Until the mid-1800’s, Christmas trees were mostly decorated with homemade adornments or edibles like fruits and nuts. But the German entrepreneurs based in the glassblowing center of Lauscha had a better idea. They began producing decorative tree ornaments made out of blown glass. In the 1880s, F.W. Woolworth imported the first of these baubles into the U.S., triggering the American love affair with Christmas tree ornaments.
The first molded-glass Lauscha ornaments resembled fruits and nuts, presumably to replicate the tradition of putting the real things on trees. Glass pickles, of all things, were also produced. These were reportedly hung on trees in order to make a game of seeing which child could find it first—the reward was a year of good luck. Cookie shapes such as hearts and stars followed the food ornaments, while ornaments depicting children, saints, and animals appeared shortly after that.
Around the same time in northern Bohemia (now the Czech Republic), glassblowers were making what are now known as Gablonz ornaments out of silver-lined glass beads. Wire was used to string the beads together in a variety of shapes—from windmills and chandeliers to spiders and stars. Later, between the wars, transportation-themed ornaments appeared resembling boats, zeppelins, airplanes, and bicycles.
Meanwhile, in Dresden, beginning in about 1880, some nine different companies were making embossed cardboard ornaments, which are highly collectible today. Some were printed on just one side (referred to as "flat" by collectors) while others were printed on both ("double"). The most elaborate of the Dresden ornaments were those built of two molded pieces that had been glued together. Colors ranged from silver and bronze (to replicate the look of metal) to naturalistic hues (as you might guess, lobster ornaments were painted red).
Early catalogs by Dresden manufacturers such as Edvard Witte show menageries of common barnyard creatures as well as more exotic beasts—lions, polar bears, birds of prey. Eagles and owls were especially popular, and if you are in possession of an ostrich pulling a cart, then you own a particularly rare Dresden ornament. Flowers, fruits, and vegetables were common, but angels and other ornaments with religious themes were less so, making them more collectible today.
A particularly interesting subset of Dresden ornaments are those made between the 1930s and 1960s, reflecting the Soviet influence on that part of Germany. Some of these so-called Russian Dresdens seem oblivious to the political winds that swirled around them—a clown head, a man walking a dog, Puss ’n’ Boots—but when the ornament consists of a silver star with a hammer and sickle in its center from 1935, or a cute little waving Cosmonaut from 1960, the intended message is obviously more overt.
The handmade German ornament trade foundered after World War I, so American manufacturers filled the void, mass-producing ornaments that were sent to other companies to be decora...
Today, collectors of antique and vintage Christmas tree ornaments tend to focus on themes, periods, materials, or even shapes. For collectors of Shiny Brite in particular, a set of ornaments in its original festively colored box is also desirable.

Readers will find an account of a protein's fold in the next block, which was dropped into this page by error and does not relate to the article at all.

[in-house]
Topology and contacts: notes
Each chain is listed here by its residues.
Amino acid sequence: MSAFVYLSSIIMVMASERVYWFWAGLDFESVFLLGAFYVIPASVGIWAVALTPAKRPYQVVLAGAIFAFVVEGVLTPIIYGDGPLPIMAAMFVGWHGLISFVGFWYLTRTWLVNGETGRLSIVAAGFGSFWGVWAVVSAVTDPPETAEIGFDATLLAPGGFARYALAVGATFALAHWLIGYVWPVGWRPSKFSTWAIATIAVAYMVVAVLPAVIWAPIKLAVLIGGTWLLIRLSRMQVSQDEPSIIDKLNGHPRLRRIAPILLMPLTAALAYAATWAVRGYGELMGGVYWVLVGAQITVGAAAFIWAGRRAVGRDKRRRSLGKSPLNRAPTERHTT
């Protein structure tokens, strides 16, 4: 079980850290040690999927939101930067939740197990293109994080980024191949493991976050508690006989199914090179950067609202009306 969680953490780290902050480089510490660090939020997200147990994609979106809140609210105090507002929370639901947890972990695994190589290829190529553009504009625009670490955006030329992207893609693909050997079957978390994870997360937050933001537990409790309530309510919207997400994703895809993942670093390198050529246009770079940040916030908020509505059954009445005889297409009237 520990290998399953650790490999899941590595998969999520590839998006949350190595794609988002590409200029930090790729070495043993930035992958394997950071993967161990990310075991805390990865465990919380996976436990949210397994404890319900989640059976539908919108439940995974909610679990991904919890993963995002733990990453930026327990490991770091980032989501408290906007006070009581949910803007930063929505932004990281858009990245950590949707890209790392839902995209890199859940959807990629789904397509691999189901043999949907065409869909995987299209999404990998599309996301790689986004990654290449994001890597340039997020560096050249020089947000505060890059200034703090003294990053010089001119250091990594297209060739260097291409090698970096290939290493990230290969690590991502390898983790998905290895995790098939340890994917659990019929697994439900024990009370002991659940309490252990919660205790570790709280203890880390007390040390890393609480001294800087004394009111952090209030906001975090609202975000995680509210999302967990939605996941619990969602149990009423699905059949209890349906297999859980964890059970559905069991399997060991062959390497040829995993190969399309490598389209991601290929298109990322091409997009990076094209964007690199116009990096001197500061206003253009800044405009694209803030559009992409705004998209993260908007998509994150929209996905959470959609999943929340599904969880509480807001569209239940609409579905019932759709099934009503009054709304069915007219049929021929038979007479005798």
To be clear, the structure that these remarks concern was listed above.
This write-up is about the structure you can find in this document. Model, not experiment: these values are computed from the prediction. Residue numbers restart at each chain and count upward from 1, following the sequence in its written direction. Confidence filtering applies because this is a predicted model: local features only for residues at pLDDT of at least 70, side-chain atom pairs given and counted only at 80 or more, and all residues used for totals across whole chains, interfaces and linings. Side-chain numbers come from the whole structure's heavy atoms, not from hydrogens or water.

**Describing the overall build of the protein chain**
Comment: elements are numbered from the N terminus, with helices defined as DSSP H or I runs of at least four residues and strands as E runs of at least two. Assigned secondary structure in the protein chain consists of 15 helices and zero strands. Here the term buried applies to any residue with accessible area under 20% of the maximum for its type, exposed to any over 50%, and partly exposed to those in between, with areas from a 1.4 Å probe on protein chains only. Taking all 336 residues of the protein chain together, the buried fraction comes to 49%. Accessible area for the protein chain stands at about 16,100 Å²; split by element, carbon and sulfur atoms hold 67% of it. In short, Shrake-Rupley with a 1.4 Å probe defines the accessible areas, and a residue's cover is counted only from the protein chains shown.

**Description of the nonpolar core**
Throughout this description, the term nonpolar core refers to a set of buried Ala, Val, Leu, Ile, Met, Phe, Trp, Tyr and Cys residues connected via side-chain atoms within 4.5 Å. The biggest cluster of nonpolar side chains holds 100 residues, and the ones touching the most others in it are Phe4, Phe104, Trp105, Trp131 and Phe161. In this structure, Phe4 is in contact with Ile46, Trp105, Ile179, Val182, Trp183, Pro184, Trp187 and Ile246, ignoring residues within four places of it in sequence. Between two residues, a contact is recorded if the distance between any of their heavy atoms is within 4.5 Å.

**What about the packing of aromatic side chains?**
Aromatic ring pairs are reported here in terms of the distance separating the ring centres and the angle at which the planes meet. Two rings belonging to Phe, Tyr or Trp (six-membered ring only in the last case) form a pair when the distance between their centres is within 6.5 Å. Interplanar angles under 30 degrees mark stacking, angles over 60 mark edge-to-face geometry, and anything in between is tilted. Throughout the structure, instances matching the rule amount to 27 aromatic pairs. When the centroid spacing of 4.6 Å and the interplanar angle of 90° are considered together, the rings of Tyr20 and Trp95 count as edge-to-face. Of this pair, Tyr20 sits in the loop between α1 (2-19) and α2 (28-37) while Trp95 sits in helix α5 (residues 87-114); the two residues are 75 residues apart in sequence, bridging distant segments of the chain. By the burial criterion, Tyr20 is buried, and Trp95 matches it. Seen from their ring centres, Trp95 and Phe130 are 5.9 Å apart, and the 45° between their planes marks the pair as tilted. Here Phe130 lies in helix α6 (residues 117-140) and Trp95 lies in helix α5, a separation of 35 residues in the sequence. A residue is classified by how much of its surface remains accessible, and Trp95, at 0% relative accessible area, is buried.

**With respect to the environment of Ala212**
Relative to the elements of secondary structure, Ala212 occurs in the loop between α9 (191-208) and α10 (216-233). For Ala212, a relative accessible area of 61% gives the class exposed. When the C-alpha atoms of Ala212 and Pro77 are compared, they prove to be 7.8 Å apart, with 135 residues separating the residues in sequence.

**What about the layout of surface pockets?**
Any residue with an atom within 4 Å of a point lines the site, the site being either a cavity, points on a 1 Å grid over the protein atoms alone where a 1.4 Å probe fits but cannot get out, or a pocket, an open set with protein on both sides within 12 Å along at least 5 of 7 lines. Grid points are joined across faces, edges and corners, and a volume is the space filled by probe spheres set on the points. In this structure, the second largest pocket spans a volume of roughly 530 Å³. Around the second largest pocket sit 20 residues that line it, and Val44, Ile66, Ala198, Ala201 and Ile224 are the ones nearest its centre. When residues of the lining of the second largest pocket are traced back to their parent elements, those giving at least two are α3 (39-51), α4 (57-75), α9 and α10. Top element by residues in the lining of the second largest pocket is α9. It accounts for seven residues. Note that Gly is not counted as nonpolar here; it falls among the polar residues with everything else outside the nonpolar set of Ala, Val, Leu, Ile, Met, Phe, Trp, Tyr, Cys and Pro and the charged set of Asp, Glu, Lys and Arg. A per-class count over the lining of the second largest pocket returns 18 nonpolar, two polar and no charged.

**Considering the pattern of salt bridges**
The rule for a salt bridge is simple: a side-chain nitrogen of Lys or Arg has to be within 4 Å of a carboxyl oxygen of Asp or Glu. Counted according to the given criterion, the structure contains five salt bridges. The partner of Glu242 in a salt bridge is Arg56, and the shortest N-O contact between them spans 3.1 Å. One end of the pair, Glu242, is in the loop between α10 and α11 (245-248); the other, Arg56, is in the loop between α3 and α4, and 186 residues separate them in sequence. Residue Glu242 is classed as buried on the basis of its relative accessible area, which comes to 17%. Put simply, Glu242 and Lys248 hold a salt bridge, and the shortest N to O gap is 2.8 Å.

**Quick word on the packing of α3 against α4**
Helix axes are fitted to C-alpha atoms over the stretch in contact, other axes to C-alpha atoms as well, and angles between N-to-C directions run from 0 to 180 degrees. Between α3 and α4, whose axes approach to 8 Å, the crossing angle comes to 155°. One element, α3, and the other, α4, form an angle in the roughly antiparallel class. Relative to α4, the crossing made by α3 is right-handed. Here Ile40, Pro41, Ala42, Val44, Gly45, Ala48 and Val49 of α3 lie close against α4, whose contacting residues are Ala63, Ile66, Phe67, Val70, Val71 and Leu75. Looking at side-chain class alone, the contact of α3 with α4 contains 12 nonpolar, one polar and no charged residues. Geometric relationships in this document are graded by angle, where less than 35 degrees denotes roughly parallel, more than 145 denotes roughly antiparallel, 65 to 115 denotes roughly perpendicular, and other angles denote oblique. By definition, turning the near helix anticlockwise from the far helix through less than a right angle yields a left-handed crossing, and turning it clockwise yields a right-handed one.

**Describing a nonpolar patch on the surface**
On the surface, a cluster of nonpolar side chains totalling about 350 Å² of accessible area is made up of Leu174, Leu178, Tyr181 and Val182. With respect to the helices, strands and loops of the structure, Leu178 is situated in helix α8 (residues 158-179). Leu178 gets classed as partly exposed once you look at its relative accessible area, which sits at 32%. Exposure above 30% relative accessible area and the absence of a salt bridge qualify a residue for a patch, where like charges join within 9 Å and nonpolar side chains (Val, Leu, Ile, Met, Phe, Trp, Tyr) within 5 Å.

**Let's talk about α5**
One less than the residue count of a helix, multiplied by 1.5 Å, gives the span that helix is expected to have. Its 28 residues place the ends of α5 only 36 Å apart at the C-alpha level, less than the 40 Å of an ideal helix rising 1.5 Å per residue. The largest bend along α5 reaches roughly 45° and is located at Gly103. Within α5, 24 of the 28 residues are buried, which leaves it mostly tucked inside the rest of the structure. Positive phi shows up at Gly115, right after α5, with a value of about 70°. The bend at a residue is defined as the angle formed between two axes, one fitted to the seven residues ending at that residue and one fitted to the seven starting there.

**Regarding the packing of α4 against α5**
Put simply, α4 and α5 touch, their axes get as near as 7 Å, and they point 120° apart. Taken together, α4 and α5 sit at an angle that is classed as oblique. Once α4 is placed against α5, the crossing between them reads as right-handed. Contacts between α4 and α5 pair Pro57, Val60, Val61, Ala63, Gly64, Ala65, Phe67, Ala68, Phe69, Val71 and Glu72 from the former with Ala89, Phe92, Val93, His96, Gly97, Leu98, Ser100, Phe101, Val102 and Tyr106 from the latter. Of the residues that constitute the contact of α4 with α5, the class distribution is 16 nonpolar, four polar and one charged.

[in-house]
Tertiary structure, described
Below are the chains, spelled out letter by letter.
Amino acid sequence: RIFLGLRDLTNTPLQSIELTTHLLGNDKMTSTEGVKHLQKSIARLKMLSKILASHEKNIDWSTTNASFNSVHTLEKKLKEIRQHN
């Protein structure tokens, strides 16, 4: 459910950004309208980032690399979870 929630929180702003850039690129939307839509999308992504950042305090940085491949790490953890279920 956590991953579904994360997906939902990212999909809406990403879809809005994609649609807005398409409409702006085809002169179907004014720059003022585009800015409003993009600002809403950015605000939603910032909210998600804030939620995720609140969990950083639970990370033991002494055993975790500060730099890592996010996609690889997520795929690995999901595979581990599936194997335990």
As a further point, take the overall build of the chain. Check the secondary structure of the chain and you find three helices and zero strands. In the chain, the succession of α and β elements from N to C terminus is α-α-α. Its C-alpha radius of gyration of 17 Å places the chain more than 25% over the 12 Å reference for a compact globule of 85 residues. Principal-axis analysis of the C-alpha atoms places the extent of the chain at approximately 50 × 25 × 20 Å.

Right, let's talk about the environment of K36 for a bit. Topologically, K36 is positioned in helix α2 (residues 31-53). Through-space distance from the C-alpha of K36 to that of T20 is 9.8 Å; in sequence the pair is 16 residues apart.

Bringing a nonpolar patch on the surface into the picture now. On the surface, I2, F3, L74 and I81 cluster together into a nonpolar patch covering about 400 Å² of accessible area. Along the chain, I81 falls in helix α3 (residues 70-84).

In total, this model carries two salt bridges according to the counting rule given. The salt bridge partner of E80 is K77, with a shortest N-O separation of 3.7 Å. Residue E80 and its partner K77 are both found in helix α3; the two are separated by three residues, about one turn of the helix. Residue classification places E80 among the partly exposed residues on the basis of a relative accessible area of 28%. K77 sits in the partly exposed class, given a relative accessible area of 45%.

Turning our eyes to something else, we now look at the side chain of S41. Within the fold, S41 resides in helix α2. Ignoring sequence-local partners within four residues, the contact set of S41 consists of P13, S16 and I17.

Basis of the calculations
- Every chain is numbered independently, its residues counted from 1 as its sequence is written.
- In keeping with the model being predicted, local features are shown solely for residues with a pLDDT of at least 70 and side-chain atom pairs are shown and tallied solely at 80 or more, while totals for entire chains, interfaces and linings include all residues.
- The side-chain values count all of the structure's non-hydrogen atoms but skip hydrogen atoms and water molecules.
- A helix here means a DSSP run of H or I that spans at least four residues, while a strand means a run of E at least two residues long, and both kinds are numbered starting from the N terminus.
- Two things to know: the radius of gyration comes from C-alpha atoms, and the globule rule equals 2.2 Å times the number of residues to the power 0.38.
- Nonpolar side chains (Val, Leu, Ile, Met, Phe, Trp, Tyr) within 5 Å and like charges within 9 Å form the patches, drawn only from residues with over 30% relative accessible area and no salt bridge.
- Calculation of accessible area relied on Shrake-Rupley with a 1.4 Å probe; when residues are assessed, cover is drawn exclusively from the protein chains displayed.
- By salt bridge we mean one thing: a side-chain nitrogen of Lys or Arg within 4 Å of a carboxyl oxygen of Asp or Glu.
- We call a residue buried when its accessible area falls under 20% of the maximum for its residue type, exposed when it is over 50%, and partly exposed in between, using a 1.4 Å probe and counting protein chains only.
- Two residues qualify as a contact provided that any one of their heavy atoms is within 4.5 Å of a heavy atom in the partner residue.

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Recent News: Christmas Ornaments
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The Wildey's latest Christmas ornament.The Edwardsville Intelligencer, November 26th
The Leading Real Estate Magazine in Southwestern Illinois Since 1990. Published by the Edwardsville Publishing Co., LLC · 112014 Edge of the Weekend. THE EDGE OF THE WEEKEND is a product of the Edwardsville Intelligencer, a member of the Hearst ...Read more
Wildey offering new Christmas ornamentThe Edwardsville Intelligencer, November 26th
The Friends of the Wildey Theatre have released their fourth Wildey Theatre custom Christmas ornament. The ornaments are part of a larger fundraising effort to support the theater. The 2014 collector's ornament is a likeness of the Wildey stage and...Read more
Christmas ornament workshop set for SundayNiagara Gazette, November 26th
Contributed photoThe Herschell Carrousel Factory Museum is hosting a Christmas ornament workshop from 2 to 4 p.m. on Sunday. Posted: Thursday, November 27, 2014 3:00 am. Christmas ornament workshop set for Sunday Staff reports Niagara Gazette...Read more
Ridgely Historical Society selling 2014 Christmas ornamentThe Star Democrat, November 25th
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Optimist ornament shows Prange windowsThe Sheboygan Press, November 24th
The Sheboygan Optimist Club is offering a hand-crafted three-dimensional Christmas ornament depicting the H.C. Prange department store Christmas windows. Ornaments sell for $20 each and are available at Ara's Beks & Pottiers, 652 South Pier Drive; ...Read more
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The guile of Machiavellian strategy and the finesse of Sun Tzu's “The Art of War” are on display in the Christmas Ornament Exchange Game, where church ladies reveal their killer instincts. Like Mayans on a search for treasure who will stop at nothing, ...Read more
How to DIY a Kim Kardashian #BreakTheInternet ornamentMashable, November 12th
Kim Kardashian's Paper magazine cover is the stuff of a workout guru's dreams and Tumblr-worthy memes. It's only fitting that when presented with such an astounding opportunity, we'd want to take full advantage of all Kardashian has to offer. So, we...Read more
The White House is getting a 3D-printed Christmas ornamentWashington Post (blog), October 30th
Decorating the White House for Christmas is a long-held tradition, with generations of first ladies showing of confections in the shape of 1600 Pennsylvania Avenue and sparkly ornaments atop Douglas fir trees throughout the residence. So prepare...Read more